At least 10 people dead in Valencia high-rise building fire

Firefighters remove a charred body inside a burned block building in Valencia, Spain, Friday, Feb. 23, 2024.
Firefighters remove a charred body inside a burned block building in Valencia, Spain, Friday, Feb. 23, 2024. Copyright Alberto Saiz/Copyright 2024 The AP. All rights reserved
By Euronews with AP
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Four of those who died were members of the same family: the mother, the father, a three-year-old girl, and a baby, El Pais reported.

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At least ten people are now known to have died and 14 others are injured, following a fire at an apartment complex in Valencia on Thursday. 

"The worst news is confirmed. The first inspection by the scientific police has located 10 bodies inside the building," Pilar Bernabé, a city official, tweeted on Friday afternoon.

Five people remain in hospital - four of them firefighters. Their condition is described as stable.

High winds and cladding on the building have been blamed for the flames, though authorities have refused to answer questions on the cause of the blaze. 

Four of those who died are reported to be a young couple with two children and two elderly people. 

Officials say no one else is missing. 

Police have begun to examine the interior of the two residential towers that were destroyed by fire, as questions grow about how the blaze spread in a matter of minutes. 

Firefighters work at a burned block building in Valencia, Spain, Friday, Feb. 23, 2024.
Firefighters work at a burned block building in Valencia, Spain, Friday, Feb. 23, 2024.Alberto Saiz/Copyright 2024 The AP. All rights reserved

It was not immediately known how many people were in the two buildings when the fire broke out, but dozens are believed to have lost their homes and belongings. 

The complex had some 140 apartments.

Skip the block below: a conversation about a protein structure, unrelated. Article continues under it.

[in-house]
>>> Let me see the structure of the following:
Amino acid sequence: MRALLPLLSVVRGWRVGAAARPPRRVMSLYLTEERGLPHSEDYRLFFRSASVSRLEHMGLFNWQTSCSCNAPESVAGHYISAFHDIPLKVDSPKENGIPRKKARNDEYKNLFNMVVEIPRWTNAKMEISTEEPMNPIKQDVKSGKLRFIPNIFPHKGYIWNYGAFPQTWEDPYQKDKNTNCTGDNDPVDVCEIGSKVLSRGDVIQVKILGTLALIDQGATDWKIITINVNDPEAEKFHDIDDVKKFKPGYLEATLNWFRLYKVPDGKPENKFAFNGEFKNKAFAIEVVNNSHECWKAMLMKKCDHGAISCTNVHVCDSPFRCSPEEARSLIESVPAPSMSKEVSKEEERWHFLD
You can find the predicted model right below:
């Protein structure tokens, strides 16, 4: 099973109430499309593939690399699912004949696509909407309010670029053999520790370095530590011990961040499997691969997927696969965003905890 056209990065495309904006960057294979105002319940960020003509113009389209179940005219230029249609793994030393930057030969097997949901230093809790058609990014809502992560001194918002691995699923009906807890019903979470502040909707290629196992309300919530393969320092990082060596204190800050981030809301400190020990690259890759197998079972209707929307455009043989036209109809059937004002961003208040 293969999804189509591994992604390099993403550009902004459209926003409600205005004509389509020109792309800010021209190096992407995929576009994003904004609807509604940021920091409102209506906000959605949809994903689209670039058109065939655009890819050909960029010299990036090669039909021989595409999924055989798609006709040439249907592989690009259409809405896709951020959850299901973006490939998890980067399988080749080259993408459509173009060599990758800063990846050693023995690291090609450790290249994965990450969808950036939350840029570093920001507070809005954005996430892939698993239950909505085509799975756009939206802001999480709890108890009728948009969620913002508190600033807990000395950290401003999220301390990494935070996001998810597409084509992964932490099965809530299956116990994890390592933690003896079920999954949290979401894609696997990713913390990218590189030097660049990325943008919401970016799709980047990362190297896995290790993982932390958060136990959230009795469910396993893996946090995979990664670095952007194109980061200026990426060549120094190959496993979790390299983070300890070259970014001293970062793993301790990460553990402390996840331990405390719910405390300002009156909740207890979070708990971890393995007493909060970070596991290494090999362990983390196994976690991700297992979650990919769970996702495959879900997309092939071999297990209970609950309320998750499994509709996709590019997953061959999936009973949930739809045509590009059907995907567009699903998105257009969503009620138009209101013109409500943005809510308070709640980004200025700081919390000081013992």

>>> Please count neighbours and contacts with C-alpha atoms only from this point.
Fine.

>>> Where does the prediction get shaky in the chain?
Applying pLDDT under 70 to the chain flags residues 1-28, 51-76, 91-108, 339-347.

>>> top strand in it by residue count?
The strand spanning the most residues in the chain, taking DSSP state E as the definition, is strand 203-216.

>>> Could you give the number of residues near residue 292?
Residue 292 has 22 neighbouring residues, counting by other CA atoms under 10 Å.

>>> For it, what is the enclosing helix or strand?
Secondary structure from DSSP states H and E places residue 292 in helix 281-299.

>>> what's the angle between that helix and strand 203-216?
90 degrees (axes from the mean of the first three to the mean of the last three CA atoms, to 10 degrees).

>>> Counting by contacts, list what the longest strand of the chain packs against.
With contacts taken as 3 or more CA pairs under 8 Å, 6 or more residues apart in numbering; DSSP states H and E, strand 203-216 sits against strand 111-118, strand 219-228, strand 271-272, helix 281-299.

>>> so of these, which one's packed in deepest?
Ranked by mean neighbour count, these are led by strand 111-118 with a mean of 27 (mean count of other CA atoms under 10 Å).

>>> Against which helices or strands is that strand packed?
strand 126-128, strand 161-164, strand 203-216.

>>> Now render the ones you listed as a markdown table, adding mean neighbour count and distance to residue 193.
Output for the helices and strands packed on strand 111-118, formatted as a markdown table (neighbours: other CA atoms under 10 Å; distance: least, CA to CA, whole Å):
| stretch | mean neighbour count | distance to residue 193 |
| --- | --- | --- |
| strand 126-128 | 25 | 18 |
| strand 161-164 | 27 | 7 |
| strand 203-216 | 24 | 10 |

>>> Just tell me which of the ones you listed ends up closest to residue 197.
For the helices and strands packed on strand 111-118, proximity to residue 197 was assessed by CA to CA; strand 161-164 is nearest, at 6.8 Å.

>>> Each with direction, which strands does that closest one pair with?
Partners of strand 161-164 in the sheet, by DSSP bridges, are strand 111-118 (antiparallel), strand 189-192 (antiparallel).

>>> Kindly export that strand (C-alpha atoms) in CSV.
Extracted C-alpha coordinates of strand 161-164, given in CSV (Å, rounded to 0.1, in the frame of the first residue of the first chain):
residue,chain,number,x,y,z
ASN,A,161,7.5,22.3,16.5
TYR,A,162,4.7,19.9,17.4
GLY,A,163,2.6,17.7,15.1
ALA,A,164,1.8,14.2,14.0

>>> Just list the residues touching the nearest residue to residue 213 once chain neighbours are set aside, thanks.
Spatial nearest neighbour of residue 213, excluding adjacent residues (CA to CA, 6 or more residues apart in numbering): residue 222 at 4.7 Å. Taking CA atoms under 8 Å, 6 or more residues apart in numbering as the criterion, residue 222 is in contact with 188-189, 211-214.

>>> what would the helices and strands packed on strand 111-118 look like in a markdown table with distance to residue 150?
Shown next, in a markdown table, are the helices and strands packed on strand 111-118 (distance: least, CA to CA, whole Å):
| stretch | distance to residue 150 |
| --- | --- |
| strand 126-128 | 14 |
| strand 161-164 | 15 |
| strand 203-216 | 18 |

Three days of mourning are due to be held in Spain. 

Many fire crews have now departed, but firefighters and forensic authorities continue to search for the last of the missing residents.

Valencia Mayor María José Catalá said that the danger of the 14-story building collapsing and the intense heat from the fire initially prevented emergency workers from getting in to search for possible survivors.

The fire started on Thursday evening, with authorities saying an investigation is underway.

However, it is now clear that the flames engulfed the building rapidly. 

Experts said that the building's polyurethane cladding may have contributed to the fire's ferocity. 

The vice-president of the Valencia College of Industrial and Technical Engineers, Esther Puchades, who once inspected the building, told the state news agency Efe that when the material “is heated it is like plastic and it ignites."

She said it was the first fire of its type in Spain, but that other blazes involving the material have been similarly destructive in the United Kingdom and China.

The June 2017 fire at Grenfell Tower in London, which also had polyurethane cladding, caused more than 70 deaths.

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Catalá said it was too early to comment on reports that suggested materials used in construction might have contributed.

Puchades said polyurethane was no longer widely used in buildings without extra safety measures to offset its flammability.

The complex in Valencia was finished in 2009. 

In a promotional video, the now bankrupt construction company Fbex boasted that it used a new aluminum-based material as part of its façade.

A housing block burns in Valencia, Spain, Thursday, Feb. 22, 2024.
A housing block burns in Valencia, Spain, Thursday, Feb. 22, 2024.AP Photo/Alberto Saiz

Prime Minister Pedro Sánchez visited the scene, promising support for those affected and expressing gratitude to firefighters and military personnel who worked to extinguish the blaze.

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The Valencia regional government declared three days of mourning and announced financial aid to cover accommodation, clothing and food.

Residents were housed overnight in hotels or in the homes of relatives and neighbours, authorities said.

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